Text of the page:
A seasonal take on a baking classic.
As autumn slips into winter, there’s no bigger treat than delicious home baking. This is a wee seasonal twist on everyone’s favourite: banana bread. The recipe is from Hugh Fearnley-Whittingstall’s River Cottage Fruit Every Day (which I would definitely recommend to fruit lovers); with its comforting cardamom spice and rich hit of chocolate it makes for a wholesome but luxurious autumnal treat. To make one loaf (8-10 slices, but I think it stretches to a few more) you’ll need:
100 ml sunflower, rapeseed or coconut oil, with extra for greasing (I used sunflower)
About 12 cardamom pods or 1/2 tsp ground cardamom
175g light brown sugar
1 tsp vanilla extract
2 medium free-range eggs
300g peeled ripe banana flesh (approx 3 medium sized bananas – use very ripe ones for the best result, a great way to use fruit that’s past its best)
75g plain wholemilk yoghurt
200g light brown plain flour or spelt flour (I used brown)
1 tsp bicarbonate of soda
1 tsp baking powder
Pinch of salt
100g dark chocolate, chopped (I’m not a huge fan so used milk instead)
2 tbsps demerara sugar, or extra soft brown sugar to finish (I used demerara)
1) Preheat the oven to 180C/ Gas 4 (I have a fan oven so turned it down 10 degrees). Grease and line a 1 kg loaf tin (approx 11 x 22 cm).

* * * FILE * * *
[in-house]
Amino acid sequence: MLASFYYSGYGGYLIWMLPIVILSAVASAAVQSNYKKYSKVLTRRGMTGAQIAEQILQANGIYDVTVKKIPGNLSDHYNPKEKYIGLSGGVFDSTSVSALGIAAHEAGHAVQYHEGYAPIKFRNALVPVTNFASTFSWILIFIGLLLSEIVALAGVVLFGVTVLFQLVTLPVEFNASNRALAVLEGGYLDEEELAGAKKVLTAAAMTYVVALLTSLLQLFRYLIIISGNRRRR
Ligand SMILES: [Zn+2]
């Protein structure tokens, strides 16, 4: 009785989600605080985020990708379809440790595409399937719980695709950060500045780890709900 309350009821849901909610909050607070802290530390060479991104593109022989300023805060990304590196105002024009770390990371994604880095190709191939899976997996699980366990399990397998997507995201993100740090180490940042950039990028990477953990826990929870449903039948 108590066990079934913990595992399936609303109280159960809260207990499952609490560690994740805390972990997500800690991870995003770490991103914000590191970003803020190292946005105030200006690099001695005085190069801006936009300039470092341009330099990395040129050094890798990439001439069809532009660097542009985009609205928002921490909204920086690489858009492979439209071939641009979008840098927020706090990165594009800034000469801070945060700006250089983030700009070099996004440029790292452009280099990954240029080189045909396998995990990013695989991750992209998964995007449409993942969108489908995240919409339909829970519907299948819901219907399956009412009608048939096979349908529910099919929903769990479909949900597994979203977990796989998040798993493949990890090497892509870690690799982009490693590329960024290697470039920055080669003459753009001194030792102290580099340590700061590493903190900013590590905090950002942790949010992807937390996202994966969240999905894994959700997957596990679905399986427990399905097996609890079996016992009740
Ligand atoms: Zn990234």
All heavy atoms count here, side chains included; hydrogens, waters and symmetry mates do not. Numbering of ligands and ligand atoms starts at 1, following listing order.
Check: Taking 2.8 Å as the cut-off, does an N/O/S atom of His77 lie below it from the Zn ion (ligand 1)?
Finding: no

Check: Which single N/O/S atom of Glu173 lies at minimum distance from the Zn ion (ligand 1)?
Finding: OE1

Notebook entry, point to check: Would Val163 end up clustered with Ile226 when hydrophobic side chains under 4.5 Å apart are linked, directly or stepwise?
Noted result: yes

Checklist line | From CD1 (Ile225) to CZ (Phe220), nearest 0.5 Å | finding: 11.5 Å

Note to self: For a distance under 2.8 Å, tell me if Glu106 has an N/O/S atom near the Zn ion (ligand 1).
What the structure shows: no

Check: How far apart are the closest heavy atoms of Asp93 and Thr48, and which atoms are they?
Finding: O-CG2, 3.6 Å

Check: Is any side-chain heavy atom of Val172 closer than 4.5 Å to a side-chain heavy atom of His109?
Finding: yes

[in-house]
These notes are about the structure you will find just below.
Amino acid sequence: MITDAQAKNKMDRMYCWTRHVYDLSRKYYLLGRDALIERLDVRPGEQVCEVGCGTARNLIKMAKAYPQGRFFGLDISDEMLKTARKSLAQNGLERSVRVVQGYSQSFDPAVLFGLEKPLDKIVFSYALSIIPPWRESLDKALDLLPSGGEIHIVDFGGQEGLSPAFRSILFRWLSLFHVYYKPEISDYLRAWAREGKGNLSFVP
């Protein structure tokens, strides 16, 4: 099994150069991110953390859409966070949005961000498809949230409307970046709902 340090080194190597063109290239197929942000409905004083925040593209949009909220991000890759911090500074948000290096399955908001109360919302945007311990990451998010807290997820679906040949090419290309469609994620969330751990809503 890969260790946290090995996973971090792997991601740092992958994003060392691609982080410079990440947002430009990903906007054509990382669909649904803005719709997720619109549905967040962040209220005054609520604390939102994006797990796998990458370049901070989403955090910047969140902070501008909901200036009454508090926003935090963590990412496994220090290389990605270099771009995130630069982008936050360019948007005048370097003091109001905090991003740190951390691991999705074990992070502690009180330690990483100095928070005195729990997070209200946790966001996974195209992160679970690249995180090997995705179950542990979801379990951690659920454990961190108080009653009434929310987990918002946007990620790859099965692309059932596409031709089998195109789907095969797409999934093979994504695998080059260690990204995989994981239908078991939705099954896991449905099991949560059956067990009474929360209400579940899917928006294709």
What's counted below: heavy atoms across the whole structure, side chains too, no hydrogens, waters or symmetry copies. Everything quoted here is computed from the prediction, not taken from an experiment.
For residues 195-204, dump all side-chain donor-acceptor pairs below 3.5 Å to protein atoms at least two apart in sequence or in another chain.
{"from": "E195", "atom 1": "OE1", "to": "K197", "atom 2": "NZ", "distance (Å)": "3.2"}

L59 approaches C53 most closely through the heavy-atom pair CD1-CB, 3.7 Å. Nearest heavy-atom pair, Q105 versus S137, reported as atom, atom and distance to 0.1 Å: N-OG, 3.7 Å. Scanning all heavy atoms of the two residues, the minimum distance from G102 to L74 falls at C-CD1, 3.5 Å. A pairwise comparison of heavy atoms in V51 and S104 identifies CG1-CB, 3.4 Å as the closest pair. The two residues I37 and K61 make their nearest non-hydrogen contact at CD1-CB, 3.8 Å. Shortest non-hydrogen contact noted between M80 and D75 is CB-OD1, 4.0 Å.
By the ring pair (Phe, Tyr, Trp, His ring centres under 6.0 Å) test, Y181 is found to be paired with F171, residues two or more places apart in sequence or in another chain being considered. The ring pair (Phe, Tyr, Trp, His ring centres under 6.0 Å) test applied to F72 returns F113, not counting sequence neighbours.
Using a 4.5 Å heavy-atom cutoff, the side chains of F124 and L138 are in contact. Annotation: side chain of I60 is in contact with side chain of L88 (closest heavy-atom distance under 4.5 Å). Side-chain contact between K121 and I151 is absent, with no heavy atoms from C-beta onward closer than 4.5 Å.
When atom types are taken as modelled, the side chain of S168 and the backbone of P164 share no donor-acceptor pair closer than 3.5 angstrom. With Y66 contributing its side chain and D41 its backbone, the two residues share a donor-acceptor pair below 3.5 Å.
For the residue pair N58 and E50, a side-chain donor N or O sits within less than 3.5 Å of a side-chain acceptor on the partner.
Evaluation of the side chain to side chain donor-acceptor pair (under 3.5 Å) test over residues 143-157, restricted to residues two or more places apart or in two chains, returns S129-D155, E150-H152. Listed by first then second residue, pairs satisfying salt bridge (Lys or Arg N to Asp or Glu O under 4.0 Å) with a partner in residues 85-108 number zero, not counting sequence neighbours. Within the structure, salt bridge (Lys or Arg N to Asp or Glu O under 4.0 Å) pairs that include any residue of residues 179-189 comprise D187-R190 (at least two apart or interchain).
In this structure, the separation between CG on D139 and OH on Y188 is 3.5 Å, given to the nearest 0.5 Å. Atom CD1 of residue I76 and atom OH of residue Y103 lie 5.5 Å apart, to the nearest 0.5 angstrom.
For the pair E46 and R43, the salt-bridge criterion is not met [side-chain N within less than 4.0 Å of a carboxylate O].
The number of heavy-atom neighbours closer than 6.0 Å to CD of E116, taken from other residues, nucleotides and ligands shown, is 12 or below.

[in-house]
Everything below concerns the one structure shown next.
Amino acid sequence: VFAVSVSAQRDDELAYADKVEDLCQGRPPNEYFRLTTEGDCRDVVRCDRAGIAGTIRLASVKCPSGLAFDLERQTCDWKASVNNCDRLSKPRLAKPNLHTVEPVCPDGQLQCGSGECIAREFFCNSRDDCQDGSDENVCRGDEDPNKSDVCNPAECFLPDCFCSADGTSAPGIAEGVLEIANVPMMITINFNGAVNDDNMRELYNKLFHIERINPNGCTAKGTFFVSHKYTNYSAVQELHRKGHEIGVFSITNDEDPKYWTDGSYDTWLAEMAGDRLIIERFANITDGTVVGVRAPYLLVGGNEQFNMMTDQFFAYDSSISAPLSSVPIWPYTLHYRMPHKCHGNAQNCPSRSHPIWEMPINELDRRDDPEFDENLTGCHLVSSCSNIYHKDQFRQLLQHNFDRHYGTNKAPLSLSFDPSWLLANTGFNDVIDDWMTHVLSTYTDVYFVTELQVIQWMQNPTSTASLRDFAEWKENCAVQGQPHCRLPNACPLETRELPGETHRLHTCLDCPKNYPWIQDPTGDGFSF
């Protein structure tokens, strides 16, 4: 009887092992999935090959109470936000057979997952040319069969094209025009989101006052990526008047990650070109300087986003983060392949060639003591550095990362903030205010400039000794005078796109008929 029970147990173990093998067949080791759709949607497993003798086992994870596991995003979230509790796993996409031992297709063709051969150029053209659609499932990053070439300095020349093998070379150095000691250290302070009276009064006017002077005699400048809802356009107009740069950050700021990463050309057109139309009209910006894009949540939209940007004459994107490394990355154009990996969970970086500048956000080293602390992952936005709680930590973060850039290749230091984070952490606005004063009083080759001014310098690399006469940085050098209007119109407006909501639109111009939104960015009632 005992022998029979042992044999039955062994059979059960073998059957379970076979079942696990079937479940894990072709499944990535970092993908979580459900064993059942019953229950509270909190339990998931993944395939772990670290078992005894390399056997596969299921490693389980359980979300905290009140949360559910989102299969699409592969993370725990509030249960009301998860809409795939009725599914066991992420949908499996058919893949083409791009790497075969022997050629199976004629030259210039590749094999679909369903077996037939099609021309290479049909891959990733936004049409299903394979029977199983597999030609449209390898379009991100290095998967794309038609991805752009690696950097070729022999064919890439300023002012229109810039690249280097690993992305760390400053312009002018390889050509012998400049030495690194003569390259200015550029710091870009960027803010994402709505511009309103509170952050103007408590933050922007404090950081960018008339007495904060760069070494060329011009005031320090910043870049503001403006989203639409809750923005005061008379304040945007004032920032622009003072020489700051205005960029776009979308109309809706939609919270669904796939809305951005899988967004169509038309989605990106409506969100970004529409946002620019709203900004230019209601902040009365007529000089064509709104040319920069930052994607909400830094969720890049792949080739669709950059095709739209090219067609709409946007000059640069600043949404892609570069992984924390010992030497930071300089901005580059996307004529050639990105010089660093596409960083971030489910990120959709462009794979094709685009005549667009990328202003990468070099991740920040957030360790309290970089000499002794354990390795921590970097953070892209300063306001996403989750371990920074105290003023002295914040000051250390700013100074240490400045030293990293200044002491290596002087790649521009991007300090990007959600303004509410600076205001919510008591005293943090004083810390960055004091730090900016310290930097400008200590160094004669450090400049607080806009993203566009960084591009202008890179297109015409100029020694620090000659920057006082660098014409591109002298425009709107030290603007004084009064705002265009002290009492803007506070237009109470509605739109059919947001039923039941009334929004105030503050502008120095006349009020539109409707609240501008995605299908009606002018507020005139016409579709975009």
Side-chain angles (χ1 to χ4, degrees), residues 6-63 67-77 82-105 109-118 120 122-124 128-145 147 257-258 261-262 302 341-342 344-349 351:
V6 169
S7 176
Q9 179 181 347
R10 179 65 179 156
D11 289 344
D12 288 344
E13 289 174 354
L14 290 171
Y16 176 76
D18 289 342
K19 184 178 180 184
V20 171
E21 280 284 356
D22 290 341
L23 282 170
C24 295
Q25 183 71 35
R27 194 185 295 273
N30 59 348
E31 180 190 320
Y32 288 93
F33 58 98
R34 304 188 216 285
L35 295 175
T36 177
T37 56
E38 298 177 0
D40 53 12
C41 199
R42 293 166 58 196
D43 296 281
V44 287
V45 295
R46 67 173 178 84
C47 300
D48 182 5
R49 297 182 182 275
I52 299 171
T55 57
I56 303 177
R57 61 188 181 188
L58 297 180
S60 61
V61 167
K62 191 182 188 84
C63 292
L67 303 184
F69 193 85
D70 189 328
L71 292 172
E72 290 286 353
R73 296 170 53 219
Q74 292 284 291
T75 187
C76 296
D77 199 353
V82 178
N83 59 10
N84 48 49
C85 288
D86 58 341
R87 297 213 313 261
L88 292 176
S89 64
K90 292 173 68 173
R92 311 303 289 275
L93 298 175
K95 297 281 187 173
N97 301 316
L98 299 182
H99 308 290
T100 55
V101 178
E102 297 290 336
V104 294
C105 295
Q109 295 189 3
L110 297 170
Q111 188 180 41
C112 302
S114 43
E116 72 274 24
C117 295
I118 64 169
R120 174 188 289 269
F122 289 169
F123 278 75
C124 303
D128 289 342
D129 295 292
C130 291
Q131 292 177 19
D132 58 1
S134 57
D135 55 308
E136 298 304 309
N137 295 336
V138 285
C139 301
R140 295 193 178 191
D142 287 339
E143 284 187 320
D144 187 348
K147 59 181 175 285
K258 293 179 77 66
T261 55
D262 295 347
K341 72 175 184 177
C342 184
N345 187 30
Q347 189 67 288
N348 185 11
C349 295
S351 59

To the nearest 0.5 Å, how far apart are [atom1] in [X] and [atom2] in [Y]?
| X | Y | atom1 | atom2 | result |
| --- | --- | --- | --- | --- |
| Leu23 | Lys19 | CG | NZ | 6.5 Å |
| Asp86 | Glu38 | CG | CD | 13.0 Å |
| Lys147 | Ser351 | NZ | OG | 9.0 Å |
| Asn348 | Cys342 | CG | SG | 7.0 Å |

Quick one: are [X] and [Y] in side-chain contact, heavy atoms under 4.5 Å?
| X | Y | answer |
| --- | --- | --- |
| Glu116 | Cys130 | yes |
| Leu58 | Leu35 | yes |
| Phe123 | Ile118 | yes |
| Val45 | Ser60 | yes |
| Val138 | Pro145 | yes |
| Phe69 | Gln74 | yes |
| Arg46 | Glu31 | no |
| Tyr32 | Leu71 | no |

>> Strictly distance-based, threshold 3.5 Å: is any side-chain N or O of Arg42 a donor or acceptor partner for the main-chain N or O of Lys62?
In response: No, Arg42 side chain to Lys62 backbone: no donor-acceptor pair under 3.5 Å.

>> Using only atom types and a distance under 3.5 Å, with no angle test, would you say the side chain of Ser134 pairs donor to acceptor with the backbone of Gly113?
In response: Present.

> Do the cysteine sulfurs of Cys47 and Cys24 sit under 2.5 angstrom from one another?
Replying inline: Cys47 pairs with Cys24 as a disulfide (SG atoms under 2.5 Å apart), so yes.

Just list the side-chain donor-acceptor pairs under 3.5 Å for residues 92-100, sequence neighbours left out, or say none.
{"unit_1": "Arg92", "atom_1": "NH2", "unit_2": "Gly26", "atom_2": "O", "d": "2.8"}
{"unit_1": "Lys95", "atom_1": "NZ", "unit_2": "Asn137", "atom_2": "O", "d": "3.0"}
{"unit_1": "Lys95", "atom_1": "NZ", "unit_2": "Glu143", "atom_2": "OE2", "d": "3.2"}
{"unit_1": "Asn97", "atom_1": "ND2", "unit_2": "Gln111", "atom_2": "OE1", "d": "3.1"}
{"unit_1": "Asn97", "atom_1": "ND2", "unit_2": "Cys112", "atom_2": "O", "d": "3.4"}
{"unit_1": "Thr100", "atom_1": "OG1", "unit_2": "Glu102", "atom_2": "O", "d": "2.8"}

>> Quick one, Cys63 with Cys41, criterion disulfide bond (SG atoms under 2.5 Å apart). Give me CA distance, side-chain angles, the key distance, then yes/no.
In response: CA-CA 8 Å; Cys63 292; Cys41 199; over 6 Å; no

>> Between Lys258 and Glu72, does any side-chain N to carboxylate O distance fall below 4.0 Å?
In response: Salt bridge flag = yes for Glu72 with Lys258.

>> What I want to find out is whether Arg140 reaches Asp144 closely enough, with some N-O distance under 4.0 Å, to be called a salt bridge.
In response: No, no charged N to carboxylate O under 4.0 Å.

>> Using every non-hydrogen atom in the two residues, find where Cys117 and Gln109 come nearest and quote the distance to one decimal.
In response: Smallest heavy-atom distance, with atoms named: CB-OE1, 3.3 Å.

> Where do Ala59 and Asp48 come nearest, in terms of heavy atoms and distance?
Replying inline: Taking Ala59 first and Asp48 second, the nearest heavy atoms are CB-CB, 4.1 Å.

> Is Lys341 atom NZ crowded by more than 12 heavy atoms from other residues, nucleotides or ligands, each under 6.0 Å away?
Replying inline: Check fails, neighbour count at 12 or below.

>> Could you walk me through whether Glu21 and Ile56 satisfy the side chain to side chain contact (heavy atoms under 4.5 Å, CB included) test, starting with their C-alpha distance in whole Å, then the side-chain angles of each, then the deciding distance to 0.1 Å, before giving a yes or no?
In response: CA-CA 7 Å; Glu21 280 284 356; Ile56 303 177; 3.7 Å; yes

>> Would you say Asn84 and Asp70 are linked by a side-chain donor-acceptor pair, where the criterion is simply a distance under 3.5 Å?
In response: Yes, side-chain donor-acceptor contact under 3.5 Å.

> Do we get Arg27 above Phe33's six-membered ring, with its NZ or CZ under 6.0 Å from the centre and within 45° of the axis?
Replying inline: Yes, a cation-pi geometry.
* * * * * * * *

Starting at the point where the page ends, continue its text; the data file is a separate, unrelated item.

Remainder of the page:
2) Extract the seeds from the cardamom pods and crush them using a pestle and mortar.
The result should be a coarse powder like this:
3) Measure the sugar into a large bowl. Add the oil and the vanilla extract.
Combine the sugar and wet ingredients, then add the eggs.
Beat together until smooth – it should look something like this:
4) Mash the bananas in a separate bowl, then add the yoghurt.
Next add the ground cardamom, mixing well.
Stir the banana thoroughly into the oil and egg mixture.
5) Sift the flour, bicarb, baking powder and salt over the mixture.
Add half of the chopped chocolate and fold together lightly but thoroughly.
The result should be a smooth mixture like so:
6) Pour the mixture into the prepared loaf tin.
Sprinkle the remaining chocolate over the surface of the mixture, followed by a liberal sprinkling of demerara sugar.
Bake for 50-55 minutes or until the cake is springy to the touch and a skewer comes out clean.
Leave to cool in the tin for at least ten minutes, then transfer to a wire rack to cool completely before slicing.
So there you go! Perfectly comforting with a cuppa on a late autumn afternoon.
What are your favourite colder weather comfort bakes ?